Choosing someone already familiar with diabetes might take a load off an already distressed patient. “There’s so much undue burden just living with diabetes and managing it hour to hour, that expecting the patient to teach the provider about their disease feels very unfair to me,” Goebel-Fabbri said.
She pointed to an example from a coworker (without diabetes experience) whose patient referred to being “high” repeatedly; on the basis of this conversation, the mental health provider incorrectly concluded that she either meant “drugs” or “mania.” This eventually led to a misdiagnosis of bipolar disorder. Obviously, the coworker meant high blood glucose numbers.
Goebel-Fabbri also noted a lack of education and understanding surrounding diabetes-related mental health conditions, including eating disorders. For some, removing calories by intentionally running their glucose too high results in “diabulimia.” Leadership at eating disorder treatment centers maintain that they don’t have the staffing to oversee a person’s glucose levels and insulin administration.
What to ask a mental health provider to find the right fit
Even if a provider has diabetes knowledge, finding a good therapist can be a little like dating — it takes some time and energy to find the right person. Goebel-Fabbri explained that there are specific questions you can ask to help determine their knowledge and comfort level with your condition.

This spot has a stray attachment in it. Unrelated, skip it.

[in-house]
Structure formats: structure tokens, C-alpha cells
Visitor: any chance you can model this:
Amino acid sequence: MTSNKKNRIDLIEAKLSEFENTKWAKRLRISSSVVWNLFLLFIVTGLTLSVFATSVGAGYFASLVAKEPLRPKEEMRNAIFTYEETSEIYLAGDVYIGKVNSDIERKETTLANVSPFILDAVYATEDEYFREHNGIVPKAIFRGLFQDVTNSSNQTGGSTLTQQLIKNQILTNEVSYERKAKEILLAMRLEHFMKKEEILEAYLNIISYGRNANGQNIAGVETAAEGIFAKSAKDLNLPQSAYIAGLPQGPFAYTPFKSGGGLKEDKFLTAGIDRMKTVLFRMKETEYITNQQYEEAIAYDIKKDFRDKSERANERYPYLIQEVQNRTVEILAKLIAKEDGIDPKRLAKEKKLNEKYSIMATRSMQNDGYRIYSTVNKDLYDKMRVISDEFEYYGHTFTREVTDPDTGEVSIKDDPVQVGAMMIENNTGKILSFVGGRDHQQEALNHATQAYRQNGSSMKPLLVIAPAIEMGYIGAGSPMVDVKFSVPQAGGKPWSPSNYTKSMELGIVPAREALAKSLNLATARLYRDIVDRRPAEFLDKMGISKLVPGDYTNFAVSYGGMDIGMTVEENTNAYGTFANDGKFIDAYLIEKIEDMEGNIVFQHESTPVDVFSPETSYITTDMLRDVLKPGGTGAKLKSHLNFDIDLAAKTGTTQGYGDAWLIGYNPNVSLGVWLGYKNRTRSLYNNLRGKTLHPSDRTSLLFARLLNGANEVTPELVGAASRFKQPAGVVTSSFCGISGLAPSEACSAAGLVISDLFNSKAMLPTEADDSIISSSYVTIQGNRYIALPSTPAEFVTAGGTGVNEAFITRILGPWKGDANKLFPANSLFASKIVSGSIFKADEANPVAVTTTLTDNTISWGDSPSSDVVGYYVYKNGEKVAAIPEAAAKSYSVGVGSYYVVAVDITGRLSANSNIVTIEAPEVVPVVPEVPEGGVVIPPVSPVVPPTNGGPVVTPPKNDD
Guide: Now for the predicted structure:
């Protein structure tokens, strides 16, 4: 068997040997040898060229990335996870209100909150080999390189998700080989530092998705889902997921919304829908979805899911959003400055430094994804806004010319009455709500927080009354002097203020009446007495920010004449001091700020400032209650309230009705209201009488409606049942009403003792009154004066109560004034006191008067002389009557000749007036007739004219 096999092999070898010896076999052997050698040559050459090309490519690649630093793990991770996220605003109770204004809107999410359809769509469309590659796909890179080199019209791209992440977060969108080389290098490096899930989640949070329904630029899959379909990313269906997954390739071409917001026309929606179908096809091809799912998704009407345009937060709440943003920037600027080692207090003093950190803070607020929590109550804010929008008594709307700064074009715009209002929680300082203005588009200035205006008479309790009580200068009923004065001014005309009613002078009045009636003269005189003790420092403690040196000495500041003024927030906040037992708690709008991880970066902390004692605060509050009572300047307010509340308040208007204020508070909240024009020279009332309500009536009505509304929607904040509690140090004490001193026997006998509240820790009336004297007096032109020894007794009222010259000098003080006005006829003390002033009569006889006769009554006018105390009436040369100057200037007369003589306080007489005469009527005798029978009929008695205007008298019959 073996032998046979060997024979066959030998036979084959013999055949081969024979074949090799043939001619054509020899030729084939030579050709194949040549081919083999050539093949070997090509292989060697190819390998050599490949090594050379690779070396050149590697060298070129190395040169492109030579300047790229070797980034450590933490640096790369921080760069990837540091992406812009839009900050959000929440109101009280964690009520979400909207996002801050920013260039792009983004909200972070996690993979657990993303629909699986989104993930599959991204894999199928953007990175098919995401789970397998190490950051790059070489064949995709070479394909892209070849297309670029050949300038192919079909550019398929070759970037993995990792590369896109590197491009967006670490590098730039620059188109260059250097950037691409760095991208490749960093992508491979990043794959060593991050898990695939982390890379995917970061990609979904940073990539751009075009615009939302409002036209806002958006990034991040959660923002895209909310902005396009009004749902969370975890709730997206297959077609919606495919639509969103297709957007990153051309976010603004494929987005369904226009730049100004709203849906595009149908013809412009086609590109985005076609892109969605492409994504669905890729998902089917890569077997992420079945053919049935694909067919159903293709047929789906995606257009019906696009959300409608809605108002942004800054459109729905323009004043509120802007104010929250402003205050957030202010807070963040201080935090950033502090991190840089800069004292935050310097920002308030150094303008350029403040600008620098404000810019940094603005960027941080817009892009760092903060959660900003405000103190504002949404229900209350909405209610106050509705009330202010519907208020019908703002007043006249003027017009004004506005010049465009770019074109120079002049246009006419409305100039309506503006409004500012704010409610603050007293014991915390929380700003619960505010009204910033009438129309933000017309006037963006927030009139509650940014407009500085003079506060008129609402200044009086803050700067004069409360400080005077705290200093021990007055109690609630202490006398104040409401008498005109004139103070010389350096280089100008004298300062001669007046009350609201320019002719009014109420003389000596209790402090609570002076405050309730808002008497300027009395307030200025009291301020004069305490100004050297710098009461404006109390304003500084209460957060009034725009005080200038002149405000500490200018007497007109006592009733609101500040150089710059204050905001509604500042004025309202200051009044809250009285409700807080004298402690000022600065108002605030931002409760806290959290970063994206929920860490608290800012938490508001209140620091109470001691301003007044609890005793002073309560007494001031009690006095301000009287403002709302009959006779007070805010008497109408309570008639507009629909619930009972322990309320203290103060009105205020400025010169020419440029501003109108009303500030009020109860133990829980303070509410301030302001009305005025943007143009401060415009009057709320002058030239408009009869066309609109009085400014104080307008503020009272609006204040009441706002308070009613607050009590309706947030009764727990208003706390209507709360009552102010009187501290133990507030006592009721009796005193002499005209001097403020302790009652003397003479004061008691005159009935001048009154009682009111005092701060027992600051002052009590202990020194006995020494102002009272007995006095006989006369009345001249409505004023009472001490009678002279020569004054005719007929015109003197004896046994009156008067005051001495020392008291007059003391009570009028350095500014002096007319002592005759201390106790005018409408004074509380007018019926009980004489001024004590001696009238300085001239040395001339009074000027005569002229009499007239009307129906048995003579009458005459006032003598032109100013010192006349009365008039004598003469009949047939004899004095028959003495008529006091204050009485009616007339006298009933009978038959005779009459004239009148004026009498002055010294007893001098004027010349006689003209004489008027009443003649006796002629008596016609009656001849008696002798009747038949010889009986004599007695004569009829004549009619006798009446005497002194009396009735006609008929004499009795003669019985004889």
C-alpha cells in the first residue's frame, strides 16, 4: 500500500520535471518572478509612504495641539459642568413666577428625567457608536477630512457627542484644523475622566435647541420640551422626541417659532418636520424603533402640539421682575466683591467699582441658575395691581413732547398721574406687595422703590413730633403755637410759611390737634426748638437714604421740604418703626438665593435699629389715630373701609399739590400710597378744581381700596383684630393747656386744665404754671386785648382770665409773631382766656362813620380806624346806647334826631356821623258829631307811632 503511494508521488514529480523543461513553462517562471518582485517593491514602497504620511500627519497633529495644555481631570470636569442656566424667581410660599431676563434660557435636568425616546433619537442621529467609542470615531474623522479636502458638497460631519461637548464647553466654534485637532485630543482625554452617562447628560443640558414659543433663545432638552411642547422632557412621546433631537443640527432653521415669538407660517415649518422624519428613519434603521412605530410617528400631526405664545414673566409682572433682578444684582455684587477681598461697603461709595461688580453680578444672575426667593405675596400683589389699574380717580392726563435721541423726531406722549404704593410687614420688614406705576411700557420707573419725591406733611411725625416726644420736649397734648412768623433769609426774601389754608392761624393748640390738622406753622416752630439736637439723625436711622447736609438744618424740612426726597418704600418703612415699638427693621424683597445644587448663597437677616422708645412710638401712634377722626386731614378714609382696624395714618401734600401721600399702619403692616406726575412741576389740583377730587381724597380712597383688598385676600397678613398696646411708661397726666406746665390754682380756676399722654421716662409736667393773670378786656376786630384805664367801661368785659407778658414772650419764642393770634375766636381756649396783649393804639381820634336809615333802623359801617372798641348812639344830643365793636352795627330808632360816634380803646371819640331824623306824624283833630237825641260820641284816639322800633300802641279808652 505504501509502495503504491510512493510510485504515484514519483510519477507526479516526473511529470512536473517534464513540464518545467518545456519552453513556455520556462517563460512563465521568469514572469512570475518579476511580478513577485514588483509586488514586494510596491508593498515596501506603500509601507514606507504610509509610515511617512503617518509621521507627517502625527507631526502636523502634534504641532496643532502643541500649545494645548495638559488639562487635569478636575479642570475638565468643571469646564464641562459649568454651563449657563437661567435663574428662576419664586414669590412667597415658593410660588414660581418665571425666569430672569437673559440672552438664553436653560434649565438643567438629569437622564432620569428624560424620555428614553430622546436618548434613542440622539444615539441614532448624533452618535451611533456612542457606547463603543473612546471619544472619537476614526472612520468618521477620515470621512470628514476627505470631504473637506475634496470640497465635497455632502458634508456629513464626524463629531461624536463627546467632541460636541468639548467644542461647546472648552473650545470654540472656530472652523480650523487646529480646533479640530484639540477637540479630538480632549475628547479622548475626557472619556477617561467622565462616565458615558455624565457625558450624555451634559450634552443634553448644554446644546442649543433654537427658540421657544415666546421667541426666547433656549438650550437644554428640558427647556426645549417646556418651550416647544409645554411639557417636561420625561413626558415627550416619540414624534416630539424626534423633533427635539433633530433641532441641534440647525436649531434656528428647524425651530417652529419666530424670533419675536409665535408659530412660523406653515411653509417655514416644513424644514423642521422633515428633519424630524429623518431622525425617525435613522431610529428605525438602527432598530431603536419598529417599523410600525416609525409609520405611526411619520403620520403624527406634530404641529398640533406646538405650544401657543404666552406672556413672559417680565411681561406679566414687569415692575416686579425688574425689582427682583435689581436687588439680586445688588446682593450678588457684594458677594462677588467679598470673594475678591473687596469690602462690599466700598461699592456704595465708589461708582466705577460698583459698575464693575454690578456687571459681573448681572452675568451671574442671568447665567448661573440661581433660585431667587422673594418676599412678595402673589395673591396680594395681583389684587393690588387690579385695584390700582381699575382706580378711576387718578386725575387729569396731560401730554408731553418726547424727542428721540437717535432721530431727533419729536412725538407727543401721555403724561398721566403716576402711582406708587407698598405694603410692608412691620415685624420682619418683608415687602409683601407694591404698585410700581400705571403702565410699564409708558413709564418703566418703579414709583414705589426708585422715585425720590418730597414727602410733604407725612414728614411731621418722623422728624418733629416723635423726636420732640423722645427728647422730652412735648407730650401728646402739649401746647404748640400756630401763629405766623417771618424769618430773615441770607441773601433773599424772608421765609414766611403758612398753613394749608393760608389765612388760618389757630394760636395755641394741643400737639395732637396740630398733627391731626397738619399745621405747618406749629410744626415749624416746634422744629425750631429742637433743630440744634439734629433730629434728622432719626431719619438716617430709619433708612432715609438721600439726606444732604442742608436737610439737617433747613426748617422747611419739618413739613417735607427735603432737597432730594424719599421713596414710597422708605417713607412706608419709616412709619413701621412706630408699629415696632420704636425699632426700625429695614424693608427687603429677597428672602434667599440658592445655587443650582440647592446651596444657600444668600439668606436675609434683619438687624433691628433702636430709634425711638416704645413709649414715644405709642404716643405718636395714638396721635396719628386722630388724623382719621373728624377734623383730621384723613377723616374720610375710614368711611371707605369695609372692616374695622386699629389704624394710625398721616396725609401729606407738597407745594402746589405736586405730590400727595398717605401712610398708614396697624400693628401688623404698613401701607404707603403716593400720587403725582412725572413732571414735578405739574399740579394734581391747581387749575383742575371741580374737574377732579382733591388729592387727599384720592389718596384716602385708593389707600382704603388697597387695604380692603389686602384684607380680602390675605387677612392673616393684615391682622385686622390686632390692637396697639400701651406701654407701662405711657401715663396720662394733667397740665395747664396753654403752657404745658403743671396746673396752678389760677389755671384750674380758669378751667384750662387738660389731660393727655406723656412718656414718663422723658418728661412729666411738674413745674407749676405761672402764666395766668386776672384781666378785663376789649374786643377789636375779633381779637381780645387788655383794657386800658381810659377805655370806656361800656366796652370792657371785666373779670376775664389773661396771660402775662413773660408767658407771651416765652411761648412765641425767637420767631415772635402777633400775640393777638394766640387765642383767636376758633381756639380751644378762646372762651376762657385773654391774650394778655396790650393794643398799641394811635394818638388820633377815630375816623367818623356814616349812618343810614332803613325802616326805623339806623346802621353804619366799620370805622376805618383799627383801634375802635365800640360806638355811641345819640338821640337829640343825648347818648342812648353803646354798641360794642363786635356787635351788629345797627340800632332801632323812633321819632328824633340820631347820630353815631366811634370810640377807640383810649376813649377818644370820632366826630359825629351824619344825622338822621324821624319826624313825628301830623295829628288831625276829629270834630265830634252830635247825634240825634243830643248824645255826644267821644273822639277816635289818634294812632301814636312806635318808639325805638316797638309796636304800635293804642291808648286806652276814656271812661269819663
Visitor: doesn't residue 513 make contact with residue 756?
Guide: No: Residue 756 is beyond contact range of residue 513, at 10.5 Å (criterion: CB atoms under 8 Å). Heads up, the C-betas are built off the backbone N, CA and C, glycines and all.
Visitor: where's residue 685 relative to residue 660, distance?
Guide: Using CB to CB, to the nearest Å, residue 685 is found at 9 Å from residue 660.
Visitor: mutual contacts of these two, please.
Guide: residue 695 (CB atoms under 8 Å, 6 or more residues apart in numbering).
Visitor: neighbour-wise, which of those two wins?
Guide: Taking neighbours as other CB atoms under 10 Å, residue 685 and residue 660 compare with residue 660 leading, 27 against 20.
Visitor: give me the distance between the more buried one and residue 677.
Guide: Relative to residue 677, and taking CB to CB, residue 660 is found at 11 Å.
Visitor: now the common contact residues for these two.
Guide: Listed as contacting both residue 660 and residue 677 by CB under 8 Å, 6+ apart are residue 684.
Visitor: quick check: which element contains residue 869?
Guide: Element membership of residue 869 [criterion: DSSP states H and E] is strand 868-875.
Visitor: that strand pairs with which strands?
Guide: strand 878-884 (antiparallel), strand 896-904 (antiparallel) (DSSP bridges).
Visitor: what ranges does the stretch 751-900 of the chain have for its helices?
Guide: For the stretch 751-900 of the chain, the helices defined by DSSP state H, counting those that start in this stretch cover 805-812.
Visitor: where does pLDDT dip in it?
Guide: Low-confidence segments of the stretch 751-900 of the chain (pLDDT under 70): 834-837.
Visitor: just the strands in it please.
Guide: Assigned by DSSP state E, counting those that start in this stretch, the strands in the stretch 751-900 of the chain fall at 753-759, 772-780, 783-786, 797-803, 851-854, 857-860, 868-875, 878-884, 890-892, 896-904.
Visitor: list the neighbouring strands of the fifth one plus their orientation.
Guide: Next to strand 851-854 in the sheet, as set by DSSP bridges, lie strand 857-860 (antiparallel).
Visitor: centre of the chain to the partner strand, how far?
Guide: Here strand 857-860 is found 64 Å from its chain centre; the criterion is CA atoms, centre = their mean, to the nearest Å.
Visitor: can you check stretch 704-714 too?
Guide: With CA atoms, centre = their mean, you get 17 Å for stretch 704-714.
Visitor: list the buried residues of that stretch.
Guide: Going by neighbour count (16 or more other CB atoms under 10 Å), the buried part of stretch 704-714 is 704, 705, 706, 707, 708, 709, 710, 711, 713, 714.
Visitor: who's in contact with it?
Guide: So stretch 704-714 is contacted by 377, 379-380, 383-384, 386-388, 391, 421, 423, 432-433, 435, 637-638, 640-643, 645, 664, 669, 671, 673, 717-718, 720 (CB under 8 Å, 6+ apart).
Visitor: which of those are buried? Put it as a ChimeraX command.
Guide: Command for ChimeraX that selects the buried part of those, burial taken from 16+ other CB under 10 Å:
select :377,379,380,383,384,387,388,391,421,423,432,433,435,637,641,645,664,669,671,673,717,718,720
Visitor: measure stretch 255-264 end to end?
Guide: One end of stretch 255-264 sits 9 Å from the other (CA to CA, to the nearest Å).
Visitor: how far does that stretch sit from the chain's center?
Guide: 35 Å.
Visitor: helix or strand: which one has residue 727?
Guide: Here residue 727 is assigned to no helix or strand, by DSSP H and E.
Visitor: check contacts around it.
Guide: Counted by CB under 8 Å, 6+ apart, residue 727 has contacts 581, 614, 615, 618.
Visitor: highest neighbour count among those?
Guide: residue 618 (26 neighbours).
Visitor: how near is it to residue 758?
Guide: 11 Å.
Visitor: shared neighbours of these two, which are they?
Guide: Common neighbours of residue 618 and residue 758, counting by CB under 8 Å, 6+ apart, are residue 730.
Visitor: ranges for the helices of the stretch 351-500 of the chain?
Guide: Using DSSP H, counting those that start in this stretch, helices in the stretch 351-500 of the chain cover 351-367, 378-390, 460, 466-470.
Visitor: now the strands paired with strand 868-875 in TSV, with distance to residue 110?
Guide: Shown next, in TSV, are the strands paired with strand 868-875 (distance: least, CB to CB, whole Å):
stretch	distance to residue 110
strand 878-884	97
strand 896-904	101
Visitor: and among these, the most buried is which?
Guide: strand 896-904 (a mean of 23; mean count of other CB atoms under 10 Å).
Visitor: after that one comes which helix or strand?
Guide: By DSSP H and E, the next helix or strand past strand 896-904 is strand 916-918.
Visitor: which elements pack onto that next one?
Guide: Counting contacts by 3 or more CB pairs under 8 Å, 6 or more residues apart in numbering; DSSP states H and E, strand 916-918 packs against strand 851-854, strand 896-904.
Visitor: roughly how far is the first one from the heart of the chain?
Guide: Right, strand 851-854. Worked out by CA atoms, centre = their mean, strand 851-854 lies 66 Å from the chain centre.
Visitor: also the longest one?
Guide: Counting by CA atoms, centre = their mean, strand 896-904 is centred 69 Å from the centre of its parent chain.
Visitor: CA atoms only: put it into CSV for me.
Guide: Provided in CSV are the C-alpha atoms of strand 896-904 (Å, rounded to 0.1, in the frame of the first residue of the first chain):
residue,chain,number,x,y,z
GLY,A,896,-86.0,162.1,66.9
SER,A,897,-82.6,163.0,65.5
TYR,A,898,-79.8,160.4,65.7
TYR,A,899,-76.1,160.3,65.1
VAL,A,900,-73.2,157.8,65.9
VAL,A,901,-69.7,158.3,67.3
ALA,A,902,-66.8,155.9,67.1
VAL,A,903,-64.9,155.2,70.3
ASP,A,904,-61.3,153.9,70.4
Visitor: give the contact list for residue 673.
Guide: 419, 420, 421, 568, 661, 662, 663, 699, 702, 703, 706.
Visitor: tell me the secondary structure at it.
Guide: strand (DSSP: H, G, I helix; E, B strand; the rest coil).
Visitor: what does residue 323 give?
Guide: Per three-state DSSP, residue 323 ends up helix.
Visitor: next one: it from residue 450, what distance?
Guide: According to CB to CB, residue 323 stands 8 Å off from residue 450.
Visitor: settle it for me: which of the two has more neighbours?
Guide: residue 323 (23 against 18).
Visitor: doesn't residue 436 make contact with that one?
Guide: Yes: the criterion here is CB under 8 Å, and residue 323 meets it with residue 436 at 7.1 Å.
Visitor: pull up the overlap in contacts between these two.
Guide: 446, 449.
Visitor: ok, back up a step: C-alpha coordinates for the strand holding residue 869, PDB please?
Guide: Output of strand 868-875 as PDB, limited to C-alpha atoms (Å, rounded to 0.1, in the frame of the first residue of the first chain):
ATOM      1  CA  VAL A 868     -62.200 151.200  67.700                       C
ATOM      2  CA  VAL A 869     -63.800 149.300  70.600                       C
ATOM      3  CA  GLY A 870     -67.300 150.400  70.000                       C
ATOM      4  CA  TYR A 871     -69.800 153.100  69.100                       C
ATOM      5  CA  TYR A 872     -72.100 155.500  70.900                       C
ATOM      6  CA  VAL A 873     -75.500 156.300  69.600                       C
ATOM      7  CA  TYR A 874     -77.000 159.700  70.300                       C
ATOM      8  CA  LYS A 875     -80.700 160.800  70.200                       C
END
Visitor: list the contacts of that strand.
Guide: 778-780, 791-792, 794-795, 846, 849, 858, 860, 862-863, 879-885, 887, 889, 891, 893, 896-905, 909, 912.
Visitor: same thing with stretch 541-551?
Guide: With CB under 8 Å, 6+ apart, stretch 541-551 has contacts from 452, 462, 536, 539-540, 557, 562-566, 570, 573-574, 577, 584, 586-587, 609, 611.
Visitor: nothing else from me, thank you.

How much do they know about diabetes?
Do they have other patients in their practice with diabetes or have they in the past?
Would they be willing to talk to your endocrinologist or nurse practitioner to better understand your condition?
For someone who isn’t familiar with diabetes, ask if they’d be willing to learn about it to educate themselves.
Goebel-Fabbri added that you don’t always have to have a therapist with diabetes experience, especially if the reasons you are seeking a therapist don’t have anything to do with diabetes. However, if you are looking to establish a long-term relationship with a therapist, it can be helpful in case additional issues come up later that would require that knowledge.
“Find somebody who you like, who you feel you fit well with, and make sure that person is willing to learn from your medical provider what your treatment plan is, what it entails, and maybe learn more about [diabetes],” she said. “That’s sort of a test — are they willing to do this?”
In addition to the ADA tool, if you searching for mental health providers with or without chronic condition training, you can visit Psychology Today’s therapist directory. If you are in an immediate mental health crisis, call 988, (Suicide and Crisis Lifeline), or go to the nearest emergency room.